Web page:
There are many ways available for you start investing if you have not done so. One myth that needs to be busted is, “you need a lot of money to invest”.
Not true, what I did was to save $100 a month with a POSB Regular Savings Plan with $100 a month that invests into an Exchange Traded Fund (ETF) that tracks Singapore’s market index, The Straits Time Index (STI). But there are also a lot of other alternatives that allow you to invest in the stock market with a monthly amount.
It is very important to do your research before you invest in anything, there are abundant of information available online. But also one key thing to take note, invest in something that you like or support.
Don’t Get Credit Card
“Don’t anyhow use credit card to spend money. Don’t spend money that you don’t have.”
Spending money that you don’t have – that literally is what spending on credit is. That is technically the concept behind credit cards, where you spend first, pay later.
Having a credit card does have its benefits as well as its downfall.
What can you earn from using credit cards?
- Petrol Savings etc.
We have listed the benefits of different credit cards here, so if you are looking for some savings do check that out!
Food for thought: If you earned rebates on buying the things you need, you saved money. If you were buying things to earn rebates, there were no savings.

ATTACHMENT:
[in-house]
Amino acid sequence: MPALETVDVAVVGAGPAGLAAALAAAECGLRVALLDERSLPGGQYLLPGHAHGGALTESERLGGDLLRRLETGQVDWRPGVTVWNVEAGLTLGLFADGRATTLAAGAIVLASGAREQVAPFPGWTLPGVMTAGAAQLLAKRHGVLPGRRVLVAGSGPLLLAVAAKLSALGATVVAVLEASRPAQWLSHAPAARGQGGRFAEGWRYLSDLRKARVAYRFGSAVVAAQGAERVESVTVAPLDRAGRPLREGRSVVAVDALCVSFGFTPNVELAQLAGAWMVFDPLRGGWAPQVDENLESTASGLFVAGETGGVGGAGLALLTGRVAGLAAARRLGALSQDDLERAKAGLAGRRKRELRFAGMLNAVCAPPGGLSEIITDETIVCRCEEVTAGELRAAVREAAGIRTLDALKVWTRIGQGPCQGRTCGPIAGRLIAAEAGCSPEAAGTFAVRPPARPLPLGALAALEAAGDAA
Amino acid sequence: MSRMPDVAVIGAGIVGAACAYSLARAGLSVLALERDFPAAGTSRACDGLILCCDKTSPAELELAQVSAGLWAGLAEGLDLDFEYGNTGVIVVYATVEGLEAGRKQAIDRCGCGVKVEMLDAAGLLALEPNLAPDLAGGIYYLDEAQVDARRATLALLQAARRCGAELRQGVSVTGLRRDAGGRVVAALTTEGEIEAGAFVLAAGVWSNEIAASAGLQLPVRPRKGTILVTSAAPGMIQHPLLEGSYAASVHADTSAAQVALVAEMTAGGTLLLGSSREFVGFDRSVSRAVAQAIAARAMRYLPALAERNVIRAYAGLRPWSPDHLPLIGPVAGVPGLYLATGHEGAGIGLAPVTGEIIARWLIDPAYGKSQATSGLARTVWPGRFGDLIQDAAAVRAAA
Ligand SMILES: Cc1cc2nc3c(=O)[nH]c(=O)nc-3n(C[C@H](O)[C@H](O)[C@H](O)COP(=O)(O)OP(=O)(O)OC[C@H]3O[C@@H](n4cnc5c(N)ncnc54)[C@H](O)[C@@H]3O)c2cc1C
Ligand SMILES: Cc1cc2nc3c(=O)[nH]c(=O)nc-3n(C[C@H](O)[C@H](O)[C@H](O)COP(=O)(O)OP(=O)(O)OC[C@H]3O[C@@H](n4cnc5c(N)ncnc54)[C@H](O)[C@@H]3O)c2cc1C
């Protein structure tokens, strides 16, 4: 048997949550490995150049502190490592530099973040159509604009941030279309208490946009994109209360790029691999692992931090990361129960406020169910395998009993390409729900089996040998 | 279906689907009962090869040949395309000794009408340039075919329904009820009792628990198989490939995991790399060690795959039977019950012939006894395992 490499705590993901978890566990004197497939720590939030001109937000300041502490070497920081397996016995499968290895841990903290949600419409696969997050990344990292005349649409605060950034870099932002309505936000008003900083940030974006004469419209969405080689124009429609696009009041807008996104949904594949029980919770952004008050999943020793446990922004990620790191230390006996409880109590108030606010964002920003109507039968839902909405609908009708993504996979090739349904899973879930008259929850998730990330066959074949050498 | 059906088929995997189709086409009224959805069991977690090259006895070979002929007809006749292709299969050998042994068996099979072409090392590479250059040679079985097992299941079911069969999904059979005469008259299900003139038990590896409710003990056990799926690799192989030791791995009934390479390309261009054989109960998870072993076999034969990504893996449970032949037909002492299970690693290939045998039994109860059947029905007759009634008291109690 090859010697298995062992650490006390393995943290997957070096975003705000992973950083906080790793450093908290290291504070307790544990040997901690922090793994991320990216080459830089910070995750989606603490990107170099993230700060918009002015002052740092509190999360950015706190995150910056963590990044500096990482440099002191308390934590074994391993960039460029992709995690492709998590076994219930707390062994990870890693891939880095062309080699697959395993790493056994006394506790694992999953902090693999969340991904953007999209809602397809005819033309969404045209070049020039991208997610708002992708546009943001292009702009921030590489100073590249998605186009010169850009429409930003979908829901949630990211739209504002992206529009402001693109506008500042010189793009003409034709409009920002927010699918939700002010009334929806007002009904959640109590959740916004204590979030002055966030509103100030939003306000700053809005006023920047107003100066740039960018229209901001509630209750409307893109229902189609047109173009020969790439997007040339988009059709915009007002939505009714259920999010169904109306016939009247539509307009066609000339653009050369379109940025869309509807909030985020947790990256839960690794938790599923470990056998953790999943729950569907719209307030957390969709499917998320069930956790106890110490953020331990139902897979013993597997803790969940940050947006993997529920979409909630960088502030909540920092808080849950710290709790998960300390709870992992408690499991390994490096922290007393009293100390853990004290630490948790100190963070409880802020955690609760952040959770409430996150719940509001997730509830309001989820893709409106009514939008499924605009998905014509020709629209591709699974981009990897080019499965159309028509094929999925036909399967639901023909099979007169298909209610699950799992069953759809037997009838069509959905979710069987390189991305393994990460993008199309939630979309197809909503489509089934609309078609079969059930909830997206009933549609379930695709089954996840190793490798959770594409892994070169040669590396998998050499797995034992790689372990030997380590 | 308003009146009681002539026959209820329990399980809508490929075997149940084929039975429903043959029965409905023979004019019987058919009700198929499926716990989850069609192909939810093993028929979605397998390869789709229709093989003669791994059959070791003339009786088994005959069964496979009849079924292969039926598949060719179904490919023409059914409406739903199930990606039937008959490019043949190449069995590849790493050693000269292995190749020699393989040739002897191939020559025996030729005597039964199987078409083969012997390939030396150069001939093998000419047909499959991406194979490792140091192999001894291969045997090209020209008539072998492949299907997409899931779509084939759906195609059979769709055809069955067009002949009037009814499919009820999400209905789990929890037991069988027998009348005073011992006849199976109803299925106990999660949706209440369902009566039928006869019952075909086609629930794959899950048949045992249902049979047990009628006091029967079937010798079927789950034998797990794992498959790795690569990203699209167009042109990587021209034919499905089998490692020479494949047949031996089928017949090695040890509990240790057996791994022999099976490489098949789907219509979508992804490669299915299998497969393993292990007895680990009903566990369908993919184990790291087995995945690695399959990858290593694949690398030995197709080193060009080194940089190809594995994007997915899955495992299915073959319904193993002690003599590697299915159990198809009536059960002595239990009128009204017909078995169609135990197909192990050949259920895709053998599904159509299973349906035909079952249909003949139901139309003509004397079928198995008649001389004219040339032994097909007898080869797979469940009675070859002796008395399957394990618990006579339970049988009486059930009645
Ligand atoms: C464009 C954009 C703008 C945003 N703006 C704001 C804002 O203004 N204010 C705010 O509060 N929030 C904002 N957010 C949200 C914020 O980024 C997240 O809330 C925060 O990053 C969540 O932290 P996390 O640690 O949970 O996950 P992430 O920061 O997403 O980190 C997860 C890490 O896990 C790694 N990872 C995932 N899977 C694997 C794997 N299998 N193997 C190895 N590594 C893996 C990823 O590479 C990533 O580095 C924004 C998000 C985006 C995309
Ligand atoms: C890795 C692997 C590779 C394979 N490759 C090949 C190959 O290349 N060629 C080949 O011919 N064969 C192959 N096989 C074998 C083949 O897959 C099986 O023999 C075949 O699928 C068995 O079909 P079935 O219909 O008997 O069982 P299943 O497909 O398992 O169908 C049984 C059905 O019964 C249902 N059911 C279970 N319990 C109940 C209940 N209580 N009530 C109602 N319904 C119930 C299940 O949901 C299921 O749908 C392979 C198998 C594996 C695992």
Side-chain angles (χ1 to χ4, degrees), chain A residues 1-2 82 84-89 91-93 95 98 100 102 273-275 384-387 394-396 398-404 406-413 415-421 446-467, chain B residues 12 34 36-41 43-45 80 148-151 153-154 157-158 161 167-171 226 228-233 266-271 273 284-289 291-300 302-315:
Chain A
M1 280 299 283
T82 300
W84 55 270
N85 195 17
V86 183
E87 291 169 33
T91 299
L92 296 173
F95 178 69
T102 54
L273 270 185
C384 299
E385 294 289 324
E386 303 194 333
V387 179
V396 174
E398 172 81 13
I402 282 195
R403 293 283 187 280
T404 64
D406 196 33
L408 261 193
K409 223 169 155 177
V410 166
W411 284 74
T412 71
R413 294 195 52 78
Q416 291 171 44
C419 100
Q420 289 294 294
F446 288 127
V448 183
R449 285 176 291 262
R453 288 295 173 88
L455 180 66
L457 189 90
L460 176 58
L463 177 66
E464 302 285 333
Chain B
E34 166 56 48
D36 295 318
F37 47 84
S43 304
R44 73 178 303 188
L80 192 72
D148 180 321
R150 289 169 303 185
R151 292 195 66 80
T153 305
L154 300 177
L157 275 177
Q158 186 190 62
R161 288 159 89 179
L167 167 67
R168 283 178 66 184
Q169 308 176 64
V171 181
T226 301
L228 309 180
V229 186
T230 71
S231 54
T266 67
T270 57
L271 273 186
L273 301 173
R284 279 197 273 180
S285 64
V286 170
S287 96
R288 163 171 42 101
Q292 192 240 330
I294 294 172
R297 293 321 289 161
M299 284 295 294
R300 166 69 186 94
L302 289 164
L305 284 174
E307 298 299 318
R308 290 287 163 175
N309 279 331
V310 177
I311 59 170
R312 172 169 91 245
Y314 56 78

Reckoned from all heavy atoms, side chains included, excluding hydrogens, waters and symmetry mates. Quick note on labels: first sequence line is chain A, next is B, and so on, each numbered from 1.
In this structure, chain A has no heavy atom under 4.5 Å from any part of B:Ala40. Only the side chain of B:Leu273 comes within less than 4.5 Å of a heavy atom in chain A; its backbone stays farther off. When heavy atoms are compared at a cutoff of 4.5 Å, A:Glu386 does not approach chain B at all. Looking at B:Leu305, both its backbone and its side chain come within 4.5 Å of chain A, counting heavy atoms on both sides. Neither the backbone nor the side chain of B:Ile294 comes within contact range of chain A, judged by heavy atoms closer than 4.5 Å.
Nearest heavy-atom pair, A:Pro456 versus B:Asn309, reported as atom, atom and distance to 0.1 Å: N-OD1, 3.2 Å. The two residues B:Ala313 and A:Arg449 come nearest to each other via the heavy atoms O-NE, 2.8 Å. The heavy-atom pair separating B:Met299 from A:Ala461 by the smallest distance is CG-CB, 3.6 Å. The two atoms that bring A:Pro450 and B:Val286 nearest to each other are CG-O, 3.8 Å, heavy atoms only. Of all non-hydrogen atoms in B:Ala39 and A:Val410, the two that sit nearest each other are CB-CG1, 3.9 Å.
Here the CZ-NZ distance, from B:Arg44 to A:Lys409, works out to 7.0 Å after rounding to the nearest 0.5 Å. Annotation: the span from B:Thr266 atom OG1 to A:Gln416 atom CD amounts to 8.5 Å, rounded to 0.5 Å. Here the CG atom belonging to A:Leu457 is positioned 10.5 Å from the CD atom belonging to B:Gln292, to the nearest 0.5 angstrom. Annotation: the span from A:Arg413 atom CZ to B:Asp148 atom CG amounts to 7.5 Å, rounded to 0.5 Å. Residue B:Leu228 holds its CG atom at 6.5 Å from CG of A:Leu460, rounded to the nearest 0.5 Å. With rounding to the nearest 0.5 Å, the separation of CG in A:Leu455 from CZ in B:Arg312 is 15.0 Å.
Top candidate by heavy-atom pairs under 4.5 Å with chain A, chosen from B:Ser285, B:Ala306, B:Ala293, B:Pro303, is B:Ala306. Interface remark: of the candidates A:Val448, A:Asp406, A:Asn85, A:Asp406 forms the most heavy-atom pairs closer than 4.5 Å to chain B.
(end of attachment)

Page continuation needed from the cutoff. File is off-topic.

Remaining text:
Having a credit card also allows you to convert big purchases into monthly payments (e.g. Courts, Harvey Norman, Apple).
Which is very useful if you are planning to renovate your house.
If you are a spendthrift, it is best that you listen to Ah Ma and avoid this altogether, take it from me, a fellow spendthrift (sobs). We have seen people burying themselves in credit card debt upon their first job and asking our community for help on our Q&A page, you can view his situation here.
The interest on the credit card loan snowballs at 24m/s (Just kidding, interest on the credit card loan is at about 24% p.a.!) It makes your purchases so much more expensive, it is so not worth it!
Waits Till The Last Minute to Visit the Doctor
“Don’t need to see doctor. I’m okay, don’t waste money.”
Ah mas have an extremely bad habit of not visiting the doctor until the last minute where she really cannot tahan (tolerate) anymore. This is their way of saving money, I do admit that I learned this from my grandma as well. Until the day where I almost fainted, I realised I should not risk it anymore.
This short-term saving from not visiting the doctor increases the risk where you are required to spend more if your situation is less ideal.
For example, not going for yearly health checkup saves you on the consultation fees but increases your risks because you are unaware of what is going on in your body.
If there are situations that could have prevented, early detection would save your life and your pockets from future medical expenses!
Check out our blog for more unbiased opinions on your personal finance journey.